Myth 1 – Your water bill is simply for the supply of fresh water
No, in most cases your water bill covers not only maintaining the supply of clean water, but also the disposal of wastewater and a charge for the removal to drain of the rainwater that falls on the plot on which your premises are situated. In addition there are costs associated with metering and administration. Exactly how these services are charged for and the tariffs that are applied will depend on your supplier or suppliers.
Myth 2 – Water rates are fixed charges levied by the Water Board
Although many residential properties still pay fixed water charges based on rateable value, the majority of business premises are now metered – the more water consumed, the higher the costs. Publicly owned Water Boards ceased to exist after the mid 1970’s when they were abolished as part of the Water Act of 1973. However the term still seems to be common parlance despite the fact that the 12 combined water & sewerage companies and the 14 water supply only companies in England and Wales are all privately owned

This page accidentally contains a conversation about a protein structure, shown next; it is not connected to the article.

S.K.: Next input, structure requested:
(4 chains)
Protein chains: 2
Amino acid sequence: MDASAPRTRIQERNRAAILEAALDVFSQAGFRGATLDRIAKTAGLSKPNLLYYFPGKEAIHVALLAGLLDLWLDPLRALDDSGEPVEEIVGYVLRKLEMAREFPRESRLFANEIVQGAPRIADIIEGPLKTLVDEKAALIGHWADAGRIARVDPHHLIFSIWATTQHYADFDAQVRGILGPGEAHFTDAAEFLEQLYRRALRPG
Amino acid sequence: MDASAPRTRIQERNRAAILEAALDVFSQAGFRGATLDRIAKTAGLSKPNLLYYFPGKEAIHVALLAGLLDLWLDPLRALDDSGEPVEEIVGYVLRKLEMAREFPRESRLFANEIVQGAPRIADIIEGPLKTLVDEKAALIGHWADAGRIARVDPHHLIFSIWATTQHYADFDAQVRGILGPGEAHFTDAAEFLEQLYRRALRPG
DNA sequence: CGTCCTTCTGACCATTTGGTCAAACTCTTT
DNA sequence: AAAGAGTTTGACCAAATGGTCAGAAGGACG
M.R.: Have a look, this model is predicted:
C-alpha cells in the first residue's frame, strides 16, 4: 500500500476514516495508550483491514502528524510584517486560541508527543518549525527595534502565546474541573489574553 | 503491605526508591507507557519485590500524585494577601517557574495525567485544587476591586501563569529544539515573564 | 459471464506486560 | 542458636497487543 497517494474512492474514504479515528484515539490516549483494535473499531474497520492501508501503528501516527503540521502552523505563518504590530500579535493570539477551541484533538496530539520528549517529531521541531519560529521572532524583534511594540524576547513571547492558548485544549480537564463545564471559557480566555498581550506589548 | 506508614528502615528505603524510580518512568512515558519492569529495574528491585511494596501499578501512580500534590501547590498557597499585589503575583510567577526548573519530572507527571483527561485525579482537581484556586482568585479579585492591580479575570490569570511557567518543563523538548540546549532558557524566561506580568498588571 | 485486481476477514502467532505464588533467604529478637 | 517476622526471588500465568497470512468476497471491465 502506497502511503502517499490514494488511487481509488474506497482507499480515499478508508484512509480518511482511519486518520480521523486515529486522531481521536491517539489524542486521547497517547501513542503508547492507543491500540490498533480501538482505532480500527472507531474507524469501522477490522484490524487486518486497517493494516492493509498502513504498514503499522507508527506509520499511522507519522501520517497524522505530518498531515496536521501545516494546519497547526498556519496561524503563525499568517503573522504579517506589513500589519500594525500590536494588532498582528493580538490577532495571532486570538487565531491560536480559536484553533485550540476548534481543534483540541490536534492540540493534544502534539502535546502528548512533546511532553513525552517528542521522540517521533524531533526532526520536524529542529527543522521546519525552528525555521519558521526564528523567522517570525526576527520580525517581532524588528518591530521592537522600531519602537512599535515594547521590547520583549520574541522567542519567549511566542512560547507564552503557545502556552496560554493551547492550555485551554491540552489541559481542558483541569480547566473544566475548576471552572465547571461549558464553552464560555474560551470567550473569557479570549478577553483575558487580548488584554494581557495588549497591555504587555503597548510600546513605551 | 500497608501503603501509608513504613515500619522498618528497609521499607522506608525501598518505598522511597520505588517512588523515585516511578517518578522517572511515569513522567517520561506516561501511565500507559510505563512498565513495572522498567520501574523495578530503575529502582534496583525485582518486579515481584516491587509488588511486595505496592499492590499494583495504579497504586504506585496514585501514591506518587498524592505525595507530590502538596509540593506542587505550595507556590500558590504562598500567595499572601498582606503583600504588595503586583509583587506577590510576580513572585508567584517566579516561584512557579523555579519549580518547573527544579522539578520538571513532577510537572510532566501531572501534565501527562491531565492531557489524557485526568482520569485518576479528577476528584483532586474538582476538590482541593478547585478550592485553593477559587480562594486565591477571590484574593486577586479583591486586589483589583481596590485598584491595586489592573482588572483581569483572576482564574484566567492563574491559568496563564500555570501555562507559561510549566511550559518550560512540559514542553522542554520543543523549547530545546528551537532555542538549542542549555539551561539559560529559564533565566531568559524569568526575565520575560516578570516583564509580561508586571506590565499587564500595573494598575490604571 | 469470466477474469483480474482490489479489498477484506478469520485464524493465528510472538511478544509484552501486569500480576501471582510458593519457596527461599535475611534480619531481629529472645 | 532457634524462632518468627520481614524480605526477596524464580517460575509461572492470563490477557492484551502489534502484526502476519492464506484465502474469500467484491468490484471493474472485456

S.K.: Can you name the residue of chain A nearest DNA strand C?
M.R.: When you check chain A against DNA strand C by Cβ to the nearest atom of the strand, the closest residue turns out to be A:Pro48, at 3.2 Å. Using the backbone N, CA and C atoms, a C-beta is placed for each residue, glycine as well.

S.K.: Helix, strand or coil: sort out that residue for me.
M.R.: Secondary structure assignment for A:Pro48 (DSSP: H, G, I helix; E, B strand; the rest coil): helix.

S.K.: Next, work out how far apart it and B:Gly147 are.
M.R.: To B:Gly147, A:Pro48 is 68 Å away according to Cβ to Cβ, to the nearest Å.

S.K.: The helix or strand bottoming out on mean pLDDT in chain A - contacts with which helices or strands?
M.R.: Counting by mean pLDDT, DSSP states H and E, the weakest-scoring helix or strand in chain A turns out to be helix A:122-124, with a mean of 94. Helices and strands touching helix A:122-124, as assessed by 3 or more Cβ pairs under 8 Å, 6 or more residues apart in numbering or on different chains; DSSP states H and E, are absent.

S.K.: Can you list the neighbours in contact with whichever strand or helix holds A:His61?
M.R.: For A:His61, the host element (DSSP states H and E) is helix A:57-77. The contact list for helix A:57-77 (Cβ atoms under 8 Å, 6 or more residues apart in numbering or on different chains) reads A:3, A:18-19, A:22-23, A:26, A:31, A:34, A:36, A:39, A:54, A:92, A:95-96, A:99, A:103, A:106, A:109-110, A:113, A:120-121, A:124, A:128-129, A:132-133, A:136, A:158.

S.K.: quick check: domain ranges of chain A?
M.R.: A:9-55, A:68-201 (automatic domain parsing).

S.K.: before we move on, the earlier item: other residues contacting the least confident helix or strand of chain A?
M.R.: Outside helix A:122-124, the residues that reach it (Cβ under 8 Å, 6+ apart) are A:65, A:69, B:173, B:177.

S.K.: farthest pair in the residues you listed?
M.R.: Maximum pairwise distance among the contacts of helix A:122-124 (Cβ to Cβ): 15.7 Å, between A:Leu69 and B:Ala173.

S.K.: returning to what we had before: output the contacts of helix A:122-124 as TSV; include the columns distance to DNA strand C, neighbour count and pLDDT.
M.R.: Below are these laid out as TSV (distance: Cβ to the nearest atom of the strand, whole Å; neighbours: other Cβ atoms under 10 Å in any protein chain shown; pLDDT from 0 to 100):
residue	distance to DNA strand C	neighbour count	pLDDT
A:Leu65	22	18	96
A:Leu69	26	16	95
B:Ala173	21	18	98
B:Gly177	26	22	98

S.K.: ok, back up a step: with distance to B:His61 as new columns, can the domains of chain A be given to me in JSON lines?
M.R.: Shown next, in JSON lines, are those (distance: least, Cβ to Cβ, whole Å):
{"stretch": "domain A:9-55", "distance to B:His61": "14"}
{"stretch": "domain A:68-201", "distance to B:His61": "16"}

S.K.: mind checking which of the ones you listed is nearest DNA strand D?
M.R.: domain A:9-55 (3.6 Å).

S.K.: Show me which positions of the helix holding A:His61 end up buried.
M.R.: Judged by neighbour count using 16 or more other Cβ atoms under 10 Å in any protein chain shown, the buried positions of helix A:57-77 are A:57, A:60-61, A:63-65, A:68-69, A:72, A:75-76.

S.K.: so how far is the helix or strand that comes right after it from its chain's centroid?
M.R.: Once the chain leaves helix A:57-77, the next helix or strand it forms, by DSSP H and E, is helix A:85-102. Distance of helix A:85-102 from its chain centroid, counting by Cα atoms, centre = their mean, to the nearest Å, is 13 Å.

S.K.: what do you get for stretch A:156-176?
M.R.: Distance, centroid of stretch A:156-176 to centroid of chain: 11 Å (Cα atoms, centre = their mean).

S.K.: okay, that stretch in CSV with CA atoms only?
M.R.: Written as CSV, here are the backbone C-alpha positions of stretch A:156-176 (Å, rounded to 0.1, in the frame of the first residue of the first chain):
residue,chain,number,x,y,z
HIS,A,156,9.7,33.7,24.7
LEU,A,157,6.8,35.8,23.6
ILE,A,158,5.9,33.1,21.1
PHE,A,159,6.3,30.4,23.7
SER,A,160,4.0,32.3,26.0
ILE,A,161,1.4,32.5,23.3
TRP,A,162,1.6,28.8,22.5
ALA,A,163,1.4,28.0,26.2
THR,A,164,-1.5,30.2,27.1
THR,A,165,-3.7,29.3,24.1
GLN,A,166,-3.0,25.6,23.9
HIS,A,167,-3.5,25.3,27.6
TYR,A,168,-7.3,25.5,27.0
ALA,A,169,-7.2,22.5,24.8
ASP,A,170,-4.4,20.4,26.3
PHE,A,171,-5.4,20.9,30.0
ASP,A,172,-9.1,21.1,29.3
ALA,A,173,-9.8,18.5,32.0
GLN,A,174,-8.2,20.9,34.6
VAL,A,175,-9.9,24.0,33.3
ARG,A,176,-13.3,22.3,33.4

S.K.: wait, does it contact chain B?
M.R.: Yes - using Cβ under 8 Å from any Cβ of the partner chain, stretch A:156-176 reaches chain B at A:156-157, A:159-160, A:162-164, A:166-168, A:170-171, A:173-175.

Myth3 – Saving water is not going to make much difference to my bottom line
For every cubic meter (1000 litres) of fresh water supplied then typically 900-950 litres is deemed by the wastewater supplier to require conveyance for treatment as sewage and therefore a second volumetric charge is made to you the customer. Thus for every cubic meter of water saved, the financial payback is two-fold. For many, ‘water saving’ conjures up visions of hosepipe bans, short showers and using bathwater to flush the WC. There is merit in all of these measures, but for many business customers we have come across many examples where there is a much more basic issue of large scale wasteful consumption. Examples include uncontrolled urinal cisterns, bad working practices by staff clinging toMyth 2, poorly maintained equipment such as pumps and water softeners and worst of all, underground leakage.
Myth 4 – If I had a water leak it would be obvious to me
Not so; water travels downwards when it leaks out into the ground, and unless there is an explosive rupture in pipework that (for some reason) is just below the surface, there are usually no visible clues to subterranean leaks.
Myth 5 – Water bills are like tax demands – I just have to keep paying them
No – charges have to be justifiable and accurate, usage can be managed and controlled, and allowances/rebates may be due.